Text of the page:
What is the Picardy 3rd Ending?


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What is the Picardy 3rd Ending?

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Here is a transcript of the podcast:

Hello this is Duane and I’d like to share another good stuff you really ought to know about music. This is about a Picardy third. When a song has been in a minor key and then it ends on a major chord, that’s called a Picardy third. It came from a French word that – I don’t speak French, but you can read it about it in the Wikipedia article below – and one example is the old tune Greensleeves, you probably know it’s in a minor key, but usually or often when it’s played they’ll end it after playing a minor all the way through, they’ll end in a major key. Let me just give you a little example or maybe I’ll play it all the way through.
[Duane playing piano]

You hear that it ends on a major key doesn’t it? See it’s been minor all the way, you have that minor feeling and then it suddenly ends up on a major, that’s called a Picardy third. Now you may wonder why it’s called a third, because it deals with the third. In a major chord, let’s come back to C, play the C major chord, C, E, G. The third, the interval is called a major third from C to E. If I lower E to E flat that’s called a minor third, so if I raise that from a minor third to a major third that’s called a major third and it makes the chord major. You see that minor third makes the chord minor, but a major third makes the chord major, so that’s what’s happening, if we played Greensleeves in the key of C minor.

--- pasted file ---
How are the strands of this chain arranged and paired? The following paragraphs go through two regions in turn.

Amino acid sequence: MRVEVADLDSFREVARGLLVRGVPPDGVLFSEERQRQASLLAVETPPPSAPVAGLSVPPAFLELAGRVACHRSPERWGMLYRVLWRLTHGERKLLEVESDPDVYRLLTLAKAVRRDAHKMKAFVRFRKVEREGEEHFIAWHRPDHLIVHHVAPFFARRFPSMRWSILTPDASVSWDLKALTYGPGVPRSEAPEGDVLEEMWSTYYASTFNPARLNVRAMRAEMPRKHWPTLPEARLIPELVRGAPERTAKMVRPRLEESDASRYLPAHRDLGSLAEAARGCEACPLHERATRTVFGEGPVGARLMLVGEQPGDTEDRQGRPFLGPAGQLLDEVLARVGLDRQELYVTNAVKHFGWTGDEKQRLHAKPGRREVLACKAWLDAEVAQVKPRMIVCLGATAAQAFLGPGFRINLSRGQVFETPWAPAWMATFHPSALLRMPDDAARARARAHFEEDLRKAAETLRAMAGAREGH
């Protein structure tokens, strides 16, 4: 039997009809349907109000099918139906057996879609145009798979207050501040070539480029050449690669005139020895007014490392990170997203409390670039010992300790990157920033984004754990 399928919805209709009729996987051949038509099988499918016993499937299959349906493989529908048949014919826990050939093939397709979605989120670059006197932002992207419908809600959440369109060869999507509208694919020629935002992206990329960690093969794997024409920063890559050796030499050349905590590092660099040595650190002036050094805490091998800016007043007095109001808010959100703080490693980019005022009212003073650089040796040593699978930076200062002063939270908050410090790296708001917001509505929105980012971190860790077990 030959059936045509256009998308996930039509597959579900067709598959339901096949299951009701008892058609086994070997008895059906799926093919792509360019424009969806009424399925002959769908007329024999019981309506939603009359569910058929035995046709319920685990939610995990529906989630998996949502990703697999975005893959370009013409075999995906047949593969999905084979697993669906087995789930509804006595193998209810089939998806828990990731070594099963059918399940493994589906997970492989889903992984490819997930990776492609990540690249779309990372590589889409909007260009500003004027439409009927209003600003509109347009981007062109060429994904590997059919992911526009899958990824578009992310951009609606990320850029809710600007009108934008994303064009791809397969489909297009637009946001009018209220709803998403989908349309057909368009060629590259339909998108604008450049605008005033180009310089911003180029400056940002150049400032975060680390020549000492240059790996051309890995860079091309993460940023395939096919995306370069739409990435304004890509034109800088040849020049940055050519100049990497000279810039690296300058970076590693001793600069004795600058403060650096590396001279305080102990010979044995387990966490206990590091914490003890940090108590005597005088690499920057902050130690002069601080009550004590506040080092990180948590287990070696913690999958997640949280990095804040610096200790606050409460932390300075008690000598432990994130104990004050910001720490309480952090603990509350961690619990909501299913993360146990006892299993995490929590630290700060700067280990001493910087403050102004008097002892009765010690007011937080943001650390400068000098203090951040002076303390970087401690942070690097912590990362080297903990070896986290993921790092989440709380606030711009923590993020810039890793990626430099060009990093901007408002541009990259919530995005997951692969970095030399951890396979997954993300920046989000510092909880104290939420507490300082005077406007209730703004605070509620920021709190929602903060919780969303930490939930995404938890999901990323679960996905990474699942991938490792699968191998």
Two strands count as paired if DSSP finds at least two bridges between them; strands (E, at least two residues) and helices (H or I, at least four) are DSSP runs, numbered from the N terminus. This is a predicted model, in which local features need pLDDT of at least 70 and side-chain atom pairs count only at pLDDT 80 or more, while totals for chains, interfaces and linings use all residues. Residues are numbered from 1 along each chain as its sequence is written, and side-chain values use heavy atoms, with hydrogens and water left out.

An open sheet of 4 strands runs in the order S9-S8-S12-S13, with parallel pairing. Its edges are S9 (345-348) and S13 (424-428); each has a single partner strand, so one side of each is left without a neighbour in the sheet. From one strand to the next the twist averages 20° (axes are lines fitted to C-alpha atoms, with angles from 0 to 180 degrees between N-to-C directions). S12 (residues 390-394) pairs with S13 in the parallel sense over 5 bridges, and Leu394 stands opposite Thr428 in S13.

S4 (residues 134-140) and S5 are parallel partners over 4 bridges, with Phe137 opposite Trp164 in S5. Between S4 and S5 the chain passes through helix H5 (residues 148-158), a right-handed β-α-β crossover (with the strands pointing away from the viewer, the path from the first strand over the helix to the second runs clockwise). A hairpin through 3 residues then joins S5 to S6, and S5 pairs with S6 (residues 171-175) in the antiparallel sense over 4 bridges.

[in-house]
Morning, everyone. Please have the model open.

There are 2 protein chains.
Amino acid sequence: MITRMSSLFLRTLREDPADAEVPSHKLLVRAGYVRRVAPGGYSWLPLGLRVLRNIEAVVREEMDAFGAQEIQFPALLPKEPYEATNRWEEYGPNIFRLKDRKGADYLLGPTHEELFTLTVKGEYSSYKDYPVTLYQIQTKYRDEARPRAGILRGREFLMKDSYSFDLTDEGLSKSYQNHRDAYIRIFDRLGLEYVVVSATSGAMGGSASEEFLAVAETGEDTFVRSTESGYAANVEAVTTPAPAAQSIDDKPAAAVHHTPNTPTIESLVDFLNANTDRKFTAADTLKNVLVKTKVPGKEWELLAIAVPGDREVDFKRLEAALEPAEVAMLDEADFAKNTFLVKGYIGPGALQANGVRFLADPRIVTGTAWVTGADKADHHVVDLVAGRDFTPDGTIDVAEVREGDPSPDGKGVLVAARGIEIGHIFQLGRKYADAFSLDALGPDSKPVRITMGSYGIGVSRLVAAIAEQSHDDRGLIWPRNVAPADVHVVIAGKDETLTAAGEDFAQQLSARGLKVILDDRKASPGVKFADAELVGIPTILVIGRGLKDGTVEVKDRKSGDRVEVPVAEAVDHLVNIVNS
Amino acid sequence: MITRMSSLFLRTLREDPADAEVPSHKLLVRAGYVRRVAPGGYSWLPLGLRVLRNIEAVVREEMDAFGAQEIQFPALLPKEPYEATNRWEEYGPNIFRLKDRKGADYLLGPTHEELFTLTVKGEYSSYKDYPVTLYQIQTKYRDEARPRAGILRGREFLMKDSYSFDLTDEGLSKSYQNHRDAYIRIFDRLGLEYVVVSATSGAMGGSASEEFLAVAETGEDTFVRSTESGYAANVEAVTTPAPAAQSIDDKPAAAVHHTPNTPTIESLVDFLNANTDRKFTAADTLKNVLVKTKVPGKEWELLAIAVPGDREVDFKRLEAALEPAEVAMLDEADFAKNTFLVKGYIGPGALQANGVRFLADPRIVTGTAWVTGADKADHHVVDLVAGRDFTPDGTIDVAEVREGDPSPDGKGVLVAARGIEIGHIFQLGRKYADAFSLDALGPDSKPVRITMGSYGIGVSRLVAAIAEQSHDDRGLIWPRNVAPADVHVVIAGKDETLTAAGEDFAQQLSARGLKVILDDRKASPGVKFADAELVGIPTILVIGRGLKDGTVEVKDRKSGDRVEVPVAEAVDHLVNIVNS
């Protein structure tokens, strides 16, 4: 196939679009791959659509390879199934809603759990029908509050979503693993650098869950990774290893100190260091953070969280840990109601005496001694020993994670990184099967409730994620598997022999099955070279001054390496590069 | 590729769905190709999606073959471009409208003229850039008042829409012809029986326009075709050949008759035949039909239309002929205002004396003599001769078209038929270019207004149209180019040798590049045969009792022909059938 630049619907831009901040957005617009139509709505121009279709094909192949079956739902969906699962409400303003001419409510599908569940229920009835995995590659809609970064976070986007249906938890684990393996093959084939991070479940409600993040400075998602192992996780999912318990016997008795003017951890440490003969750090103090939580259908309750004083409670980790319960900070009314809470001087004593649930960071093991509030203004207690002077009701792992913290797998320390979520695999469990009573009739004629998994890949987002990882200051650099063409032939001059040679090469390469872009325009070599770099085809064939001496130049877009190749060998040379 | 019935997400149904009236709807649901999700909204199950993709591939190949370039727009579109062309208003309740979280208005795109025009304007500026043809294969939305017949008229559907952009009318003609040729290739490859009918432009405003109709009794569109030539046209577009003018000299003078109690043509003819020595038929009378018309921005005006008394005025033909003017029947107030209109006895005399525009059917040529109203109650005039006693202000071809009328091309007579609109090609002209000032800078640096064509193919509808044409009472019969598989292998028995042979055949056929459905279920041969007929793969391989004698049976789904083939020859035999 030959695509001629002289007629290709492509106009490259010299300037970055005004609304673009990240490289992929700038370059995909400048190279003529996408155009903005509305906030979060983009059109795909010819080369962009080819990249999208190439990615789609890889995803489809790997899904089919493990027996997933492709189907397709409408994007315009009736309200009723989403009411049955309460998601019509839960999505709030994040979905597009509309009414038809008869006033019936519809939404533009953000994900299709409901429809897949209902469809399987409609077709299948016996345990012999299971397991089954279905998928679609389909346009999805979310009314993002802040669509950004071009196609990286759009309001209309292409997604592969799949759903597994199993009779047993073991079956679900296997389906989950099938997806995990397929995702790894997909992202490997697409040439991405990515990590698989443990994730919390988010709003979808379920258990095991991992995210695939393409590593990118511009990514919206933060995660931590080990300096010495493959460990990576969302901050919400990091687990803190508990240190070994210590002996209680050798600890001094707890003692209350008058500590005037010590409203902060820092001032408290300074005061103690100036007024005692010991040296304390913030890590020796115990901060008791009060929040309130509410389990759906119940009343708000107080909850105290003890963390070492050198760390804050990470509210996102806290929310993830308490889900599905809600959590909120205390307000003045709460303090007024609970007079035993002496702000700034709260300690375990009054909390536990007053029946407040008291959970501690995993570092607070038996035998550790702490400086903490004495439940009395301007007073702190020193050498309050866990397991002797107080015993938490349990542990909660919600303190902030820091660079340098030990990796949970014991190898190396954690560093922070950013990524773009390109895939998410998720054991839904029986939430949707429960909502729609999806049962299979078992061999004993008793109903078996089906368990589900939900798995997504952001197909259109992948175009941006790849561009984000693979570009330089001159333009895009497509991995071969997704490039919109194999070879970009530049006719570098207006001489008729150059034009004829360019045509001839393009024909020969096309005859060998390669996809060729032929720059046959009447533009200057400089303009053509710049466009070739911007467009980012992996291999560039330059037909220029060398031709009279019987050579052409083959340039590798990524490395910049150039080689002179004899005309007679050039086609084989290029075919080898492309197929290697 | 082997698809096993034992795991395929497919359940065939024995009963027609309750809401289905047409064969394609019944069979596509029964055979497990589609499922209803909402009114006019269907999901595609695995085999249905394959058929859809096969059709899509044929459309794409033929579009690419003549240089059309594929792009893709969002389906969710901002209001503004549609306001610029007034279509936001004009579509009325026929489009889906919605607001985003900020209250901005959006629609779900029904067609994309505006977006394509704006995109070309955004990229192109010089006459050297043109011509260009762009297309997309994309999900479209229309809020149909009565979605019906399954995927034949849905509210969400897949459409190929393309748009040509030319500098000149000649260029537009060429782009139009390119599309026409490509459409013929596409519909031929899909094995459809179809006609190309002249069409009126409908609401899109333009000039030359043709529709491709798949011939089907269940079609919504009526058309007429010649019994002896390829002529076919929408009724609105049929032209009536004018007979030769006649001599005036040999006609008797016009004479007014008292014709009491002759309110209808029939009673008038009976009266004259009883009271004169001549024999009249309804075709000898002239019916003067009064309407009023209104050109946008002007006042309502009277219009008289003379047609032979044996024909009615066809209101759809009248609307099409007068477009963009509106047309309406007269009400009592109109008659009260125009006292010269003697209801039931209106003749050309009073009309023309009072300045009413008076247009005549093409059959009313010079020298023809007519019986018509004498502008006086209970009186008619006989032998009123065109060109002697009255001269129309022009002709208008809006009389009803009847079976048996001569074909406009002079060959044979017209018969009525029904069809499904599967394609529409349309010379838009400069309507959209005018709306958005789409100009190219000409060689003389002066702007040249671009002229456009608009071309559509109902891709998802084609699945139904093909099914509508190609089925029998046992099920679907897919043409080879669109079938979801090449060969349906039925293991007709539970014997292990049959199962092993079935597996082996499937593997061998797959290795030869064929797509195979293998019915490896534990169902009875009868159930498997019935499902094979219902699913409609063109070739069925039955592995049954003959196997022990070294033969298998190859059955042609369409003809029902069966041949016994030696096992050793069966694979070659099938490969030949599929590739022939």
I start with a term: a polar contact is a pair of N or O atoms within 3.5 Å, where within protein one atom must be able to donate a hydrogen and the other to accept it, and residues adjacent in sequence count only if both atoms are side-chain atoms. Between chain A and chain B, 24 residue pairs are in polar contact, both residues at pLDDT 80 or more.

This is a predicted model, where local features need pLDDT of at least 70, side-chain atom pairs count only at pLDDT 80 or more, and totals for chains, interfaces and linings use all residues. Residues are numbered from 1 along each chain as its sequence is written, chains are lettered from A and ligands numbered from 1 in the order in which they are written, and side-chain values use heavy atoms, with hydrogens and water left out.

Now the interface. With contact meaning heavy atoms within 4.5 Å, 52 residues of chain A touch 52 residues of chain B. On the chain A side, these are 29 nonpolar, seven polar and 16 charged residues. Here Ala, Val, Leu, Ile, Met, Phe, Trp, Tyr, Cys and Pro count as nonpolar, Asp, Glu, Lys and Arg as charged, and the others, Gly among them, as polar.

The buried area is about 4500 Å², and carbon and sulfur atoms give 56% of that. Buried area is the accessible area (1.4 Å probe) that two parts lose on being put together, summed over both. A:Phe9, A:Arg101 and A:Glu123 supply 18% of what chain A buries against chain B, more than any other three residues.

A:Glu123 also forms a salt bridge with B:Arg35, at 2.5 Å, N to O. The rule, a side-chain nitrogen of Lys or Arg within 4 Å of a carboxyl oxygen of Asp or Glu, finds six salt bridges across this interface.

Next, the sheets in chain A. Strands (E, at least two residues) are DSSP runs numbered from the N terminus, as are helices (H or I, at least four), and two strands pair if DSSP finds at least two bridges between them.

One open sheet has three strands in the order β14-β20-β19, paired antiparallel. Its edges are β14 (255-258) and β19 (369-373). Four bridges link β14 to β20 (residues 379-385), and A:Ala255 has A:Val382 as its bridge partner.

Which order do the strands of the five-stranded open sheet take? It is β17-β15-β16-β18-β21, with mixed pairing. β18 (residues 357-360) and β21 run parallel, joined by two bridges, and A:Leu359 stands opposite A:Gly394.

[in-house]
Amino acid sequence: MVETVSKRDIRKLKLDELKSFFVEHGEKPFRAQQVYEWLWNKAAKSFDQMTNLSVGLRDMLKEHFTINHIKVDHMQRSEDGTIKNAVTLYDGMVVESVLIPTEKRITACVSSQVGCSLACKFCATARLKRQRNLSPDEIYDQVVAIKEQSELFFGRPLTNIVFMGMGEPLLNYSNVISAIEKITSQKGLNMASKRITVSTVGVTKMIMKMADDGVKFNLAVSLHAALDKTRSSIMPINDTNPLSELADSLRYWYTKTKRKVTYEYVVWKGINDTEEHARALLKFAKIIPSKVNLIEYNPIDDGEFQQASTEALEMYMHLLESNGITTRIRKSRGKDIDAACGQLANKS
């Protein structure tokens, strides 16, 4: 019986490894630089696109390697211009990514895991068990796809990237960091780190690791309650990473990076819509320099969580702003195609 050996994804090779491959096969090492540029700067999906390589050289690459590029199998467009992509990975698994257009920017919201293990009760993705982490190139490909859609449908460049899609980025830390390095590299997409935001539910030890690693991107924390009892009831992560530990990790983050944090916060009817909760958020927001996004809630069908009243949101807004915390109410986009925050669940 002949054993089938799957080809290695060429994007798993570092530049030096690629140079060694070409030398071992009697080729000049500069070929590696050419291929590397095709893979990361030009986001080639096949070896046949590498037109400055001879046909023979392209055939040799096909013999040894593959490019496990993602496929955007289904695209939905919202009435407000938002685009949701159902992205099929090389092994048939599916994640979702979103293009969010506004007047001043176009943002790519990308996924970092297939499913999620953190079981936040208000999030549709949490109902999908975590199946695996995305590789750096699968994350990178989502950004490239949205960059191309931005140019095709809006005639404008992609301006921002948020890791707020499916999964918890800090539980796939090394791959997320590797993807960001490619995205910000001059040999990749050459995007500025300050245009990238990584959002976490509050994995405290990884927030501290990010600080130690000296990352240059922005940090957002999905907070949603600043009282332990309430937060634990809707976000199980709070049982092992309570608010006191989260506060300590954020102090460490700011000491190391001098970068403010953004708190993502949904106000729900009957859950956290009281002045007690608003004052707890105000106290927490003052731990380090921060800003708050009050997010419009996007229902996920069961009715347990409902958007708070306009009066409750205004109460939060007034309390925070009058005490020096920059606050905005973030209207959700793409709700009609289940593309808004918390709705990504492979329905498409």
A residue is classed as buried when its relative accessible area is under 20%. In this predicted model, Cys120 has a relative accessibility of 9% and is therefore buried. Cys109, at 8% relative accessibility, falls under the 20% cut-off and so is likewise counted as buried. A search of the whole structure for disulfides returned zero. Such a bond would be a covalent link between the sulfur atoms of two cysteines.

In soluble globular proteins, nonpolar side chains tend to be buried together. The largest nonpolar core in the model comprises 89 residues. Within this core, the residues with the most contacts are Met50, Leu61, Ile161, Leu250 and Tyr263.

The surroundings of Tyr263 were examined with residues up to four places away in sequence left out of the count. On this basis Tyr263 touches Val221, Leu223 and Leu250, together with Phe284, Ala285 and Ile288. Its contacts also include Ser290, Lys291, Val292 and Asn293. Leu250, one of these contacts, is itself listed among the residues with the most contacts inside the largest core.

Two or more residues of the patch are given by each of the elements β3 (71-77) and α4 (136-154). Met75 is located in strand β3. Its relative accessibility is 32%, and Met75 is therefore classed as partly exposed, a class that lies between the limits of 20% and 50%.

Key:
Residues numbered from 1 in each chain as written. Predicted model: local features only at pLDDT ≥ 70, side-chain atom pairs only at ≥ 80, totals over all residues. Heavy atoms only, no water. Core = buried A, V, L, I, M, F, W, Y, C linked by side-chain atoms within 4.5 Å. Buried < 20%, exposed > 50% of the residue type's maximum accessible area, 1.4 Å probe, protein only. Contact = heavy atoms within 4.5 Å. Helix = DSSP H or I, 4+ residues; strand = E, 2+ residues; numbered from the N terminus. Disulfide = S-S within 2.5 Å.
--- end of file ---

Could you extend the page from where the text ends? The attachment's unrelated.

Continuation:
[Duane playing the piano]

Right, which eventually you’ll be able to do by-the-way; you should be able to play all songs, all fair to easy songs in all 12 keys by-the-way. That’s our long term goal, but that will take some time to accomplish that. If you were going to play that in C minor you would end it in C major if you used a Picardy third. Now musicians always have freedom of choice and that’s one of the wonderful things about music is you can always choose, you can always pick and choose what you’re going to do. Not so much in classical music, because you’re really tied to the intentions of the composer like Beethoven. I wouldn’t’ mess with Moonlight Sonata – would you?

I wouldn’t recommend changing somthing like “Prelude in C sharp minor” to some sort of rag time or boogie or something like, but in other kinds of music meaning most everything else, semi-classical, popular, rock, jazz, gospel, sacred, whatever. You always have the freedom to do that sort of thing. It’s not that you have to do it, but if you do it and you end a minor song on a major third that’s called a Picardy third.

Well thanks for being with me and we’ll see you again soon with one of these tips. Bye-bye for now.

Read more about the Picardy 3rd in Wikipedia:

http://en.wikipedia.org/wiki/Picardy_third

You can also listen to this podcast at Spreaker:
http://www.spreaker.com/page#!/dashboard/episodes

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